The run was as inspiring to others as it was difficult for Nolan.
Christine Cardinal, a longtime friend of Nolan's, summed up the spirit of the day.
"As we went past Roslyn and saw the 500 kids, I thought one of those kids is going to be inspired and maybe grow up and find a cure for cancer," she said.
Local Montreal hero Eddy Nolan runs Terry Fox
Local Montreal hero Eddy Nolan ran a marathon down Sherbrooke Street to raise awareness for Terry Fox.
Today marks the 32nd anniversary of Terry Fox's marathon of hope. Eddy organized one person in every province
to run today and his goal is to get April 12 recognized as National Terry Fox day.
Eddy is a janitor at Roslyn Elementary in Westmount and the entire school lined Sherbrooke Street this morning to
cheer him on. Photos courtesy of Anne Leclair, Global Montreal.
Mom runs Regina to Lumsden in memory of Terry Fox
Nina Hurlbert (L) Colleen Ridgway (C) and Ridgway’s daughter Shelby Henderson (R) ran and biked from Regina to Lumsden on Thursday, joining athletes in each province who each ran marathons commemorating the 32nd anniversary of the start of Terry Fox¿s cross-Canada journey. Photo taken in Regina on April 12, 2012.
Photograph by: Don Healy , Regina Leader-Post
REGINA — With steely clouds in the sky and a blustery wind at her back, Regina mom Colleen Ridgway started warming up in front of Government House on Thursday morning, before taking off on a run to Lumsden.
As she pounded the pavement heading north on Highway 11, Ridgway joined athletes in each province who ran marathons commemorating the 32nd anniversary of the start of Terry Fox’s Marathon of Hope.
Ridgway’s friend, Nina Hurlbert, and her daughter, Shelby Henderson, accompanied Ridgway on the journey, eight-year-old Shelby riding her bike alongside her mom inside the city limits.
It was Ridgway’s first marathon since she ran the Calgary Marathon in 1998, but she was wasn’t about to let that — or an injured foot — stop her.
“I really admire what Terry Fox did and that he didn’t give up when the going got tough,” she said.
Ridgway got involved in the run after being contacted by her cousin in Alberta, who was the representative for that province.
The whole thing was organized by Eddy Nolan, who is a friend of the Fox family and has been running a marathon each year in Terry’s memory.
“My own family has been touched by cancer over the year, and I think most people have,” she said
“When my cousin said Eddy was still looking for someone in Saskatchewan, I agreed to do it,” she said.
That was about a month ago.
Despite her foot injury, Ridgway continued to train, logging a few long runs each week and around 27 kilometres on the weekends.
The Leader-Post caught up with Ridgway after her run, which only ended up taking about 3½ hours.
“The wind really helped us a lot,” she said.
“It was really, really windy out there on the highway. At times Nina and I grabbed each other’s hands after a really strong gust because it was blowing so hard.”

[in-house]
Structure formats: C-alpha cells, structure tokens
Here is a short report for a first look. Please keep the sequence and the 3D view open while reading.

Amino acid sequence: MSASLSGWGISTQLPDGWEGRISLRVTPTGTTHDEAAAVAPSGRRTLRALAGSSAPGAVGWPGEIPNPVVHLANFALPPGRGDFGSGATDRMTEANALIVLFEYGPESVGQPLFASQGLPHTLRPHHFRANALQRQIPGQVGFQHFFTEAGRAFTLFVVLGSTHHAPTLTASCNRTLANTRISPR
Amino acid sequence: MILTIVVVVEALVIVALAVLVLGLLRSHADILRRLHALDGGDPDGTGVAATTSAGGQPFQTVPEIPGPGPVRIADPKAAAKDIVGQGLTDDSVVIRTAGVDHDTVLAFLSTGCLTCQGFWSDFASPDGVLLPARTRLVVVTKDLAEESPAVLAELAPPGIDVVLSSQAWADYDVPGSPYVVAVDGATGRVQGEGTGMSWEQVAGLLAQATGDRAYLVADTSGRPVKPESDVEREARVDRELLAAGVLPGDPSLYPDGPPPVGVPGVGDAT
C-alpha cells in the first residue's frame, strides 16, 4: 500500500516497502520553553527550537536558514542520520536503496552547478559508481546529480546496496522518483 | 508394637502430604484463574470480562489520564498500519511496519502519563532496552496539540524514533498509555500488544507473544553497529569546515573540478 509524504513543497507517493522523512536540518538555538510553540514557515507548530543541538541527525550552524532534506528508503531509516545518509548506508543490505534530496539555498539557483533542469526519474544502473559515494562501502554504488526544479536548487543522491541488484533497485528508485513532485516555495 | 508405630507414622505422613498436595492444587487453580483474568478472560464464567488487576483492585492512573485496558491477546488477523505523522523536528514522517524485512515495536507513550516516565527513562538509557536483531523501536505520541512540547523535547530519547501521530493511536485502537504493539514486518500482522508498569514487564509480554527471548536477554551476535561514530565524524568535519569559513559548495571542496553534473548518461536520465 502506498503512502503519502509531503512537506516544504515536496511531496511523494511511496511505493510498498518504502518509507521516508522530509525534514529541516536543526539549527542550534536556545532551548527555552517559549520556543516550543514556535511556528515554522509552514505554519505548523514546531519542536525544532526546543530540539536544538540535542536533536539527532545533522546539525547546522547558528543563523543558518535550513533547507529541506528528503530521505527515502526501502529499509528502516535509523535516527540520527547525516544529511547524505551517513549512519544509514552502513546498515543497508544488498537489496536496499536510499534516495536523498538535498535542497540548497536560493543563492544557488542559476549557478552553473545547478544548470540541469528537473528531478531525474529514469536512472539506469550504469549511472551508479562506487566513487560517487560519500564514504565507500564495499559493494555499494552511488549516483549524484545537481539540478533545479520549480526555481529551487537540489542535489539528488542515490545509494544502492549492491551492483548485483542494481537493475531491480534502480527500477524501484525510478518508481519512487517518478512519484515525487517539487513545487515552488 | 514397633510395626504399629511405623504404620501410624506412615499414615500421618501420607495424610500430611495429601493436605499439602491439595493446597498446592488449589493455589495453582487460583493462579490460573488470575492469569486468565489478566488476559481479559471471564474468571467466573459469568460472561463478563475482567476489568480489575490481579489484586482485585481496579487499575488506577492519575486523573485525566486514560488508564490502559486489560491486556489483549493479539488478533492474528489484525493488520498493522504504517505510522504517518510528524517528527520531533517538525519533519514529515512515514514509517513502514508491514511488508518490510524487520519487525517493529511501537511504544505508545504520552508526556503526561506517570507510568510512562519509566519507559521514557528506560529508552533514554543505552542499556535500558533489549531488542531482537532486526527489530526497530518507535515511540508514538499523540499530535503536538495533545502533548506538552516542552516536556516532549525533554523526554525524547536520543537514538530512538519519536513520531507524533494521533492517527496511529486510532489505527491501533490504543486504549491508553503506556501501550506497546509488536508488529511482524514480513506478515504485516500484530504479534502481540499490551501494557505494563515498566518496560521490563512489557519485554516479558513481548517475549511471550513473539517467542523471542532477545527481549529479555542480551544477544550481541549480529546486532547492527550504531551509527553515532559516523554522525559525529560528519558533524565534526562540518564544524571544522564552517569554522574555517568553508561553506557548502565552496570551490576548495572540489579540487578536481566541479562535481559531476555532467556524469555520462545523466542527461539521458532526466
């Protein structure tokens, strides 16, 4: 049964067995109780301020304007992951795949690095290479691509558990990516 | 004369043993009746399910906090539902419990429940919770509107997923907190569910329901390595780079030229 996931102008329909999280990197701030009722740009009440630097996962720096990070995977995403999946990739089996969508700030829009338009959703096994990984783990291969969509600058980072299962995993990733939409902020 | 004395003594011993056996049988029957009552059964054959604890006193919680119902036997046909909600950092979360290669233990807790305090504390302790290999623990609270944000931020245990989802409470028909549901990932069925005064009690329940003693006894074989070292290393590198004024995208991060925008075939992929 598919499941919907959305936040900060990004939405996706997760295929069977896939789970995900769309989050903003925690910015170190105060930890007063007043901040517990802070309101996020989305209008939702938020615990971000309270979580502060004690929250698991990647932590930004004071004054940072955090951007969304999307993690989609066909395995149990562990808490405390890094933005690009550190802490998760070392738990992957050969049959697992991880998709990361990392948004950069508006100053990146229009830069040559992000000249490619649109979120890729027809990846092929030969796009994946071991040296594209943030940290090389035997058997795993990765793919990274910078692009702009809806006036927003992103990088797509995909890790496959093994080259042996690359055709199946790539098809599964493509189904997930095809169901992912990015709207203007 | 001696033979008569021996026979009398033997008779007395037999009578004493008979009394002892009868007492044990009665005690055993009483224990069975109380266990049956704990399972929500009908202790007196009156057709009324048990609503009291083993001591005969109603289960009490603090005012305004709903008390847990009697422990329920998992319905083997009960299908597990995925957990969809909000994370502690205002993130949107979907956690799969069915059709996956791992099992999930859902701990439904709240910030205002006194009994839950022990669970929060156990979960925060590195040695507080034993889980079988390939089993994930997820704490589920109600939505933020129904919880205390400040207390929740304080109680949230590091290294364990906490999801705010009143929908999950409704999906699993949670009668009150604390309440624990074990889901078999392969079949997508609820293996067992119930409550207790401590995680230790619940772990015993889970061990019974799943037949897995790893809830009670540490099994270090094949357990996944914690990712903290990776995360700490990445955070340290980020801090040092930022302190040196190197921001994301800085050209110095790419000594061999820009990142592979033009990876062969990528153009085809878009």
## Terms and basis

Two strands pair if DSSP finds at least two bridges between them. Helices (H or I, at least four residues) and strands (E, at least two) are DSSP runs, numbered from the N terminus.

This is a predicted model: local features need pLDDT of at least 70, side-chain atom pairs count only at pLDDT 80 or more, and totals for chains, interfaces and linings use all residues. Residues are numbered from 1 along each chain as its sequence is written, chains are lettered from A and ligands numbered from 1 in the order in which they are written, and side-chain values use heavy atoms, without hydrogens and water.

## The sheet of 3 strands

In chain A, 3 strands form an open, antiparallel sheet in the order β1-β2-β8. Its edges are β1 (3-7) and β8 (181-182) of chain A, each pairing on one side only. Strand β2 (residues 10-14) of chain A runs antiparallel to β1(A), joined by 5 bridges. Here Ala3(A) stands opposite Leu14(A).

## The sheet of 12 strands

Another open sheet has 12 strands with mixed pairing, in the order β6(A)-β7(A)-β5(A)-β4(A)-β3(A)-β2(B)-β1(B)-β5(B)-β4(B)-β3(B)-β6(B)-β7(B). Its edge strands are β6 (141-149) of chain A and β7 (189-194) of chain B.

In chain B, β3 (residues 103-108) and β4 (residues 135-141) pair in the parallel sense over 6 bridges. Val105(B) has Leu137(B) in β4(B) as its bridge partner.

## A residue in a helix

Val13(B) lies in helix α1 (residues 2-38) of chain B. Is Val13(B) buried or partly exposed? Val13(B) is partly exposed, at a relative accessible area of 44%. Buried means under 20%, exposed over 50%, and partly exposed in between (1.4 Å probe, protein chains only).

Ridgway, also a teacher in Regina, plans to share her story with her students after the Easter break, and said her school and her daughter’s have raised thousands of dollars for the Terry Fox Foundation over the years.
While she would “definitely” do it again in the future Ridgway said she would like to offer the chance to other people in Regina.
“This was really a tribute to Terry Fox and everything he did, and it’s helping to keep his memory alive,” she said.
“As Terry said, you feel the fear but you do it anyway.
“Not doing it just wasn’t an option.”
Tribute to Terry Fox - Vancouver Style!
Linda Wong & fellow runners at the Terry Fox statue in Vancouver BC
Zora Luckett representing Ontario from Toronto
Photo by Glemena Bettencourt
Karry Huss Lukenbill with Brenda Walker representing Alberta
Alasdair Veitch with Heather, Sheena, and Amanda representing N.W.T./ Nunavut/ Yukon.
photo by polarsue
The 2012 Terry Fox Day Tribute Runners:
1- Alasdair Veitch representing N.W.T./ Nunavut/ Yukon.
Running route will be through the town of Norman Wells.
2- Linda Wong representing B.C. from Vancouver.
Running route will be downtown Vancouver loop pass City Hall.
3- Cole Choken representing Winnipeg Manitoba from Dog Creek First Nations.
Running route Transcona east to west perimeter.
4- Karry Lukenbill representing Alberta from Sylvan Lake.
Running route Sylvan lake, highway 11- Red deer to end.
5- Colleen Ridgway representing Saskatchewan from Regina.
Running route Regina to Craven.
6- Christa Willar representing Newfoundland from St. Johns
Running route start Mc Namara Road finish Worsley Park in Manuel.
7- Michael Gaudet representing P.E.I.
Running route Borden to Charlottetown along Trans Canada
8- Jodi Isenor representing Nova Scotia from Ingram Port
Running route Start in front of Province house and Finish as well same route as Bluenose Marathon.
9- Zora Luckett representing Ontario from Toronto
Running route Toronto's City Hall to Lakeshore
10- Remi Guitard representing New Brunswick from Moncton
Running route start Running Room - Dieppe.
11- Eddy Nolan representing Quebec from Montreal
Running route start 51 Westminster north Mtl. West. Atelier Quartz Art Gallery around the corner from Sherbrooke West neat train station. Will run 13.1 miles East pass Big O and 13.1 miles back to Art Gallery.